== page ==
Once service instances are retrieved, the REST call is being made (using awesome JAX-RS 2.0 client API) and additionally the service version is being asked (as payload contains instance of RestServiceDetails class). Let’s build and run our client against two instances we have deployed previously:

mvn clean package
java -jar jax-rs-2.0-client\target\jax-rs-2.0-client-0.0.1-SNAPSHOT.one-jar.jar

The console output should show two calls to two different endpoints:

http://localhost:8081/rest/api/people: [{"email":null,"firstName":"Tom","lastName":"Bombadil"},{"email":null,"firstName":"Jim","lastName":"Tommyknockers"}]
API version: 1.0

http://localhost:8080/rest/api/people: [{"email":null,"firstName":"Tom","lastName":"Bombadil"},{"email":null,"firstName":"Jim","lastName":"Tommyknockers"}]
API version: 1.0

If we stop one or all instances, they will disappear from Apache ZooKeeper registry. The same applies if any instance crashes or becomes unresponsive.

Excellent! I guess we achieved our goal using such a great and powerful tool as Apache ZooKeeper. Thanks to its developers as well as to Curator guys for making it so easy to use Apache ZooKeeper in your applications. We have just scratched the surface of what is possible to accomplish by using Apache ZooKeeper, I strongly encourage everyone to explore its capabilities (distributed locks, caches, counters, queues, …).

Worth to mention another great project build on top of Apache ZooKeeper from LinkedIn called Norbert. For Eclipse developers, the Eclipse plugin is also available.

  • All sources are available on GitHub.


Andrey Redko

Andriy is a well-grounded software developer with more then 12 years of practical experience using Java/EE, C#/.NET, C++, Groovy, Ruby, functional programming (Scala), databases (MySQL, PostgreSQL, Oracle) and NoSQL solutions (MongoDB, Redis).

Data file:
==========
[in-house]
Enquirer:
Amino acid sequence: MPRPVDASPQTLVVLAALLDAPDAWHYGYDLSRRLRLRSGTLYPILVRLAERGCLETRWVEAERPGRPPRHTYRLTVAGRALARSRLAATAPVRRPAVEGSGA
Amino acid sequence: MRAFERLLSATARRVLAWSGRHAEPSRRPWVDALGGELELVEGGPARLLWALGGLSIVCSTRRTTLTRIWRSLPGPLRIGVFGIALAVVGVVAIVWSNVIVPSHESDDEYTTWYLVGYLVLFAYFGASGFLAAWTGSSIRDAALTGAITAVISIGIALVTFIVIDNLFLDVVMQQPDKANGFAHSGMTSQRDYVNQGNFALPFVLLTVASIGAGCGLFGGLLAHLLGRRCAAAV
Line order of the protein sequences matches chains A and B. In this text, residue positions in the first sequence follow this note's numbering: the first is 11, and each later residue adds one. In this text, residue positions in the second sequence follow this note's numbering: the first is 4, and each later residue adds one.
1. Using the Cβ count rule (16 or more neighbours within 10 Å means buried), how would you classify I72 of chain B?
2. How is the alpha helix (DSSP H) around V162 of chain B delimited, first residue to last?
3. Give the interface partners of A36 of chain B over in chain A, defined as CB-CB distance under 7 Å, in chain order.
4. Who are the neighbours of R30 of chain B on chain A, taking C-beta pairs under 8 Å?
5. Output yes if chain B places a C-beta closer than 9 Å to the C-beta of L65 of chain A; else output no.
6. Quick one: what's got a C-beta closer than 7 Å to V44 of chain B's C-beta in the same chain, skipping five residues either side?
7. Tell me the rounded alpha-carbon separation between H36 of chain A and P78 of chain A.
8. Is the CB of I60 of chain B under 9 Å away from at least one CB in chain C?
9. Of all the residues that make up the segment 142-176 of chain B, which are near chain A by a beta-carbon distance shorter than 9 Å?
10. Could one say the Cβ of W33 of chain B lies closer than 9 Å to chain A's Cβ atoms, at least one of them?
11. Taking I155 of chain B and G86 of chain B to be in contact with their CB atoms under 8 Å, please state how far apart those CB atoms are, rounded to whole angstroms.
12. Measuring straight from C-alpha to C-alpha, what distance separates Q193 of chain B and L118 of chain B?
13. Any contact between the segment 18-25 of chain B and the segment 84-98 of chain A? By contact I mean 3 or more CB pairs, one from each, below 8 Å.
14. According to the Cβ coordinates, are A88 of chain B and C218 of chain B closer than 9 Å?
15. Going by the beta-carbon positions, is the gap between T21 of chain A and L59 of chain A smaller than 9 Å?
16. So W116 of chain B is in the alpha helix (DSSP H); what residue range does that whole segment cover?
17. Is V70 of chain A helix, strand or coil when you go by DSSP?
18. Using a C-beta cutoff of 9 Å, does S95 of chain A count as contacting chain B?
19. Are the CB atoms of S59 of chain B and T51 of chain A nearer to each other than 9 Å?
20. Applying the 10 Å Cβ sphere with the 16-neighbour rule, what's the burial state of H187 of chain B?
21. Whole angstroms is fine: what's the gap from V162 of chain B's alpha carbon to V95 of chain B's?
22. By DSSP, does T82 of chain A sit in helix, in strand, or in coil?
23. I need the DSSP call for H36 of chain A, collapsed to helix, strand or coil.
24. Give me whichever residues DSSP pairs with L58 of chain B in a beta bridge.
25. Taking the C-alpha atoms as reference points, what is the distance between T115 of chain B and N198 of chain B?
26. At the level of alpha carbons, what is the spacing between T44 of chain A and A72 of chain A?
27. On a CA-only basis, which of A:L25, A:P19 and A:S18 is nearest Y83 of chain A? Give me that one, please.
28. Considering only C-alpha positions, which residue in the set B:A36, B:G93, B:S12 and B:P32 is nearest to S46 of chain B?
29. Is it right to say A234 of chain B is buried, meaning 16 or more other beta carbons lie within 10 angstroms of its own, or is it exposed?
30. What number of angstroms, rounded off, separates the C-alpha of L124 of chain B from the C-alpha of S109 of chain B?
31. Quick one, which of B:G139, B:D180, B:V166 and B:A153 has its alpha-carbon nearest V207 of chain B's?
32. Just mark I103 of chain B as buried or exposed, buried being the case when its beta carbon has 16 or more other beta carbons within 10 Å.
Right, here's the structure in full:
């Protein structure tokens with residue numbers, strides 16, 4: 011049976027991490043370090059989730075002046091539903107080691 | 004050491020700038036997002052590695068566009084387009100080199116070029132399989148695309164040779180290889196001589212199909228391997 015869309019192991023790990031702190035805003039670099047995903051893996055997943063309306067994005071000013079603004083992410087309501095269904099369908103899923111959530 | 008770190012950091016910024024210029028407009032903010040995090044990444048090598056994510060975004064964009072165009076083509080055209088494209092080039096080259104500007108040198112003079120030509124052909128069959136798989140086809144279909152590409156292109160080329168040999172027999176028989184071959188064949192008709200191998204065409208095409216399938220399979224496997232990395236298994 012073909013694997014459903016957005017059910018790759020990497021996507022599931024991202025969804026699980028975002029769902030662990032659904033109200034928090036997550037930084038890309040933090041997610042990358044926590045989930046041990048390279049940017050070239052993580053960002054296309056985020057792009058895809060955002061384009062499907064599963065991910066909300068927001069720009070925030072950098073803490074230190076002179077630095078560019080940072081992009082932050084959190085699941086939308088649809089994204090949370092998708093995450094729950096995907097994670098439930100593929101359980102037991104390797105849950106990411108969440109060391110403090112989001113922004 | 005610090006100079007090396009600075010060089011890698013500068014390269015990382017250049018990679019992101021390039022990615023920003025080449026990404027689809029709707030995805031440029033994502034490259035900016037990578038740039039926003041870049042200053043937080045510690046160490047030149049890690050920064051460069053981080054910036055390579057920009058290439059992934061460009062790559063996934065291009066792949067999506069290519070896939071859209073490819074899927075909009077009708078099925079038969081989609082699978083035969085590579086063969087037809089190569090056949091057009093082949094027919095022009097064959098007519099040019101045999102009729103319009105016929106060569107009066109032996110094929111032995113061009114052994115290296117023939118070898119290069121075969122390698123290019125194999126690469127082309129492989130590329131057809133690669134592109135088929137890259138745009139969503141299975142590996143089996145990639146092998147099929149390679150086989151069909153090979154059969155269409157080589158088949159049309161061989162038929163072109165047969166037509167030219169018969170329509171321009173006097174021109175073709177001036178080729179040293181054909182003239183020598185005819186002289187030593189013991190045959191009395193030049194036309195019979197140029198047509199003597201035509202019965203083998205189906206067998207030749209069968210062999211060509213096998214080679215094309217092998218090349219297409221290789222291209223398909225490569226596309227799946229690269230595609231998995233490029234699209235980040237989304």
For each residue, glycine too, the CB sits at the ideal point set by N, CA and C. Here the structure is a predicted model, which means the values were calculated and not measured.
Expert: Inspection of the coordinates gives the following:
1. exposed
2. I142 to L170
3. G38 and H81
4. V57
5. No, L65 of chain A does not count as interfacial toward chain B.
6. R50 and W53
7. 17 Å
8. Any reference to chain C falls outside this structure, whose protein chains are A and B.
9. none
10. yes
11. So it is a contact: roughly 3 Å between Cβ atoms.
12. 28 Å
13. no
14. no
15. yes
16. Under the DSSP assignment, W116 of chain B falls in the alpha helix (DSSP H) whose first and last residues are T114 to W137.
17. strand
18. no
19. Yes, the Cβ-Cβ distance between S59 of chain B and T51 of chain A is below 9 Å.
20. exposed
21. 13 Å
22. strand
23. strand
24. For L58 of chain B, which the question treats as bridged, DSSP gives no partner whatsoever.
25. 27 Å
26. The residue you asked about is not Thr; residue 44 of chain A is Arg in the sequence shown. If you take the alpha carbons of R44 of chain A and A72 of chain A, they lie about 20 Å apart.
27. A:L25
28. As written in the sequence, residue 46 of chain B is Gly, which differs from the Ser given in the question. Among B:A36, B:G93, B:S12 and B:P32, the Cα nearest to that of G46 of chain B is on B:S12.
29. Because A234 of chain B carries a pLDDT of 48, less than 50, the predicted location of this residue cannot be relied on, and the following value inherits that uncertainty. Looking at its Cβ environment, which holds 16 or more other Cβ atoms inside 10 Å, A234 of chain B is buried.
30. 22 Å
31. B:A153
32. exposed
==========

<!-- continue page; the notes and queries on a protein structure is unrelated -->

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10 years ago

Thank you for great post. This is exactly what I have been looking for. At my work I need to implement thrift rpc service that will be called by Php client. I’m planning to use zookeeper for auto discovery of my service. Do you know if it is possible to read list of hosts from php?

Andriy Redko
10 years ago

Hi Jarek,

Not sure about PHP but here is a discussion on Zookeeper site: http://search-hadoop.com/m/4vHL71jiJSF1/PHP&subj=Zookeeper+and+PHP

Thank you.
Andriy Redko

10 years ago

Good post, but I am just wondering in an enterprise situation would you not just use a VIP and add each server onto it. I know you don’t have auto discoverability and each instance would need its own ip, but are there other benifits of using zookeeper in this instance?

Andriy Redko
10 years ago

Hi Pat, Thank you for your feedback. If you think about servers, you have a very good point: ZooKeeper might be not a right solution for that. But if you think about services, it’s different as one server can host dozens of them (if not hundreds) and some discovery mechanism could help a lot. Also, ZooKeeper is extremely feature-rich piece of software: it allows to do much, much more, one small post is not enough to demonstrate all its useful capabilities. As you could notice, I have tried to come up with simple but good enough example so to keep… Read more »

9 years ago

Nice article, gave a good perspective on usage of zookeeper